The Cisco Technical Assistance Center, or TAC, was as responsible for the growth of computer networking as any technology or other organization. TAC trained the first generation of network engineers, both inside Cisco and out, creating a critical mass of talent that spread out into the networking world, created a new concept of certifications, and set a standard that every other technical support organization has sought to live up to since. Join Joe Pinto, Phil Remaker, Alistair Woodman, Donald Sharp, and Russ White as we dive into the origins of TAC.

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1 Comment

  1. Henk Smit on 20 January 2021 at 8:08 am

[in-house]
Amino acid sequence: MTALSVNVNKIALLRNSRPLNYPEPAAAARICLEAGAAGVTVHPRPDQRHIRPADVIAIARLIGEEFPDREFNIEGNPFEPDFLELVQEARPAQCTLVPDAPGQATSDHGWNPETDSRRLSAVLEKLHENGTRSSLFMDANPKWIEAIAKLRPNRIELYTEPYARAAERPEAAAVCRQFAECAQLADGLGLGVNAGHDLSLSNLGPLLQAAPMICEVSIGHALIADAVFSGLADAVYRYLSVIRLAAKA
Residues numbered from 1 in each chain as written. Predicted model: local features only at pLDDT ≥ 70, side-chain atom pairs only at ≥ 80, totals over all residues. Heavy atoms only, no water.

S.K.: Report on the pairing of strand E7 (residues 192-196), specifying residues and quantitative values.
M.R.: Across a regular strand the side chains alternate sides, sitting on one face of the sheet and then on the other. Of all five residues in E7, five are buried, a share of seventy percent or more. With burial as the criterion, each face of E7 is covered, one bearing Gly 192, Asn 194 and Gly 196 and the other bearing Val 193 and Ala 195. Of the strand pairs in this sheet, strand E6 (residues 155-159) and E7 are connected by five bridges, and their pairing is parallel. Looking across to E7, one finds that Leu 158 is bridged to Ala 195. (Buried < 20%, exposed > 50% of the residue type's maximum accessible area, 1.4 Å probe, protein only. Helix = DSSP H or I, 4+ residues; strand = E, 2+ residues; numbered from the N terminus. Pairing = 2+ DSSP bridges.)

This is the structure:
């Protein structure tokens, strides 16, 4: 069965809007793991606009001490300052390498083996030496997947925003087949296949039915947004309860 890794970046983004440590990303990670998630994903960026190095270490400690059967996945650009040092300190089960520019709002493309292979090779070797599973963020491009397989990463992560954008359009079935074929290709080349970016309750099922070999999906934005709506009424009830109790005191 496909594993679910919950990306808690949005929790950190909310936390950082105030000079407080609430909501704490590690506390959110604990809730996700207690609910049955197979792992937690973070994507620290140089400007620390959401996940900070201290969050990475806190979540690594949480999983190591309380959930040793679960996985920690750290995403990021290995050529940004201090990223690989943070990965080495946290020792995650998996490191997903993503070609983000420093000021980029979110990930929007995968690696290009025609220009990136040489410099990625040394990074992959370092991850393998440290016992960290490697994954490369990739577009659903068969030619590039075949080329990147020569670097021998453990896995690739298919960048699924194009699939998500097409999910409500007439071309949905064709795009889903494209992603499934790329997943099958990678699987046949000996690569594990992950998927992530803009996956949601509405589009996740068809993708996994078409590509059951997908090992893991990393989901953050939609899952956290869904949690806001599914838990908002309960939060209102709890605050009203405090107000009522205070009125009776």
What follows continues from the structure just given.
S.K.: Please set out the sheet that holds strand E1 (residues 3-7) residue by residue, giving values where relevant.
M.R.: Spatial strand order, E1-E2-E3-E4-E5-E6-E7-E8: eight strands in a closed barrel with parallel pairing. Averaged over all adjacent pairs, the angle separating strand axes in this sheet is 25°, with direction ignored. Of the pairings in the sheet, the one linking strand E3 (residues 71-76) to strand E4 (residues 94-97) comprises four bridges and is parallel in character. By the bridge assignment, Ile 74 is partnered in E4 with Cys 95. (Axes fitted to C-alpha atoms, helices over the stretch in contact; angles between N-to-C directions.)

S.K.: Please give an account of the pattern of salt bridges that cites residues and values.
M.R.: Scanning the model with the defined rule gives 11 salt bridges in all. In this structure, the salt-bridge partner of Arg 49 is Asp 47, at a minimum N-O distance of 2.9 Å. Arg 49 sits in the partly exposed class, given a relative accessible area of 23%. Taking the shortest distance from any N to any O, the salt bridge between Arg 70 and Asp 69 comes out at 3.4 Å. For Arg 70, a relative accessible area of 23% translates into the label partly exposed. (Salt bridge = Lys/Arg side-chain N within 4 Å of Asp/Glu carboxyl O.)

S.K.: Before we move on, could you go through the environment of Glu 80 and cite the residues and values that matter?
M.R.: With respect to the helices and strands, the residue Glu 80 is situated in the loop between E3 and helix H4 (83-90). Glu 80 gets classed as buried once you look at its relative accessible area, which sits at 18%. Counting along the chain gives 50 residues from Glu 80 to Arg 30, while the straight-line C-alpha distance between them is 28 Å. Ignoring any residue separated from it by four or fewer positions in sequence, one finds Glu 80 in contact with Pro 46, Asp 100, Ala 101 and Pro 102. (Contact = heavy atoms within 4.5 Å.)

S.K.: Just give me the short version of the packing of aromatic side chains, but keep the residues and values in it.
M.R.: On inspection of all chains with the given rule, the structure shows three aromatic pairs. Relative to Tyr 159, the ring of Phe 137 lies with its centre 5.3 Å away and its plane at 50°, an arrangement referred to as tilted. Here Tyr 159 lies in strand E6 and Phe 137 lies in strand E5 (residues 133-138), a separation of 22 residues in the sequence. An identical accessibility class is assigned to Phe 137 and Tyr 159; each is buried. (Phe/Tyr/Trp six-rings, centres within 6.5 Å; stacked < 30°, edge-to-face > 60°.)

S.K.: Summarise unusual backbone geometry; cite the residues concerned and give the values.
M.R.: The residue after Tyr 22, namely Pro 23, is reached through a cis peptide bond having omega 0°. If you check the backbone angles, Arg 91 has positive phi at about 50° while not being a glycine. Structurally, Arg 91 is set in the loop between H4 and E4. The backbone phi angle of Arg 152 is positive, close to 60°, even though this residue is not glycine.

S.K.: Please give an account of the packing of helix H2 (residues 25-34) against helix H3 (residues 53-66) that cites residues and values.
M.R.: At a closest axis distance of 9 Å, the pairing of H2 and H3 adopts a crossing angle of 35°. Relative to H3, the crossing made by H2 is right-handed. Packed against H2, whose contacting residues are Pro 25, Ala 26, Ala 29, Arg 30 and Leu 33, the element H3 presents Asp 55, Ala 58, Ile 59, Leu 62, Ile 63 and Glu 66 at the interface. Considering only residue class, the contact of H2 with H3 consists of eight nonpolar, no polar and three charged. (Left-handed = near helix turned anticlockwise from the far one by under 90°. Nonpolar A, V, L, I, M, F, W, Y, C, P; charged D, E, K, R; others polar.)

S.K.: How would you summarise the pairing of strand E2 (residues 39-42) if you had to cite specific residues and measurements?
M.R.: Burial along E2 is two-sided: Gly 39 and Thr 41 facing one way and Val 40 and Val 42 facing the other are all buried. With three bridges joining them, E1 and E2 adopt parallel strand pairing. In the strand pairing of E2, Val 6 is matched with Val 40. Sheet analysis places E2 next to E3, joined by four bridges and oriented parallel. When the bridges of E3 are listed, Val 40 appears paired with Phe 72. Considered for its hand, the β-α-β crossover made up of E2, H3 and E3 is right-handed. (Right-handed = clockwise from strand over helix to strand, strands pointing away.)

Great episode. I wonder if anyone that has not worked for cisco’s TAC enjoys this. 🙂 But I loved it.

    I think you have not emphasized enough what an amazing breeding ground for talent the TAC was in the nineties. I joined cisco’s Euro-TAC in Brussels in februari 1994. As a level-1 (frontline) engineer. A year later we started the specialized “routing protocol support team”. In 1996 I was invited by Development Engineering (by Alex Tweedly) to work with the routing protocol DEs in the US for a while. And then I joined DE myself. I was the first development engineer in cisco that worked from home, in Europe.

    Lots of talent in the global networking industry have worked in that small routing protocol support team in Brussels. Stefano Previdi, Clarence Filsfils, Peter Psenak, IJsbrand Wijnands, Gunter van de Velde, Kris Michielsen. I hope I didn’t forget anyone. They all went on to become Fellows, Distinguished Engineers, developers and/or respected IETF-contributors, they wrote books, RFCs, drafts, etc. There was no place in the world in the nineties to learn about networking better than the TAC. Not in development, and not at our customers. Great times.

    henk.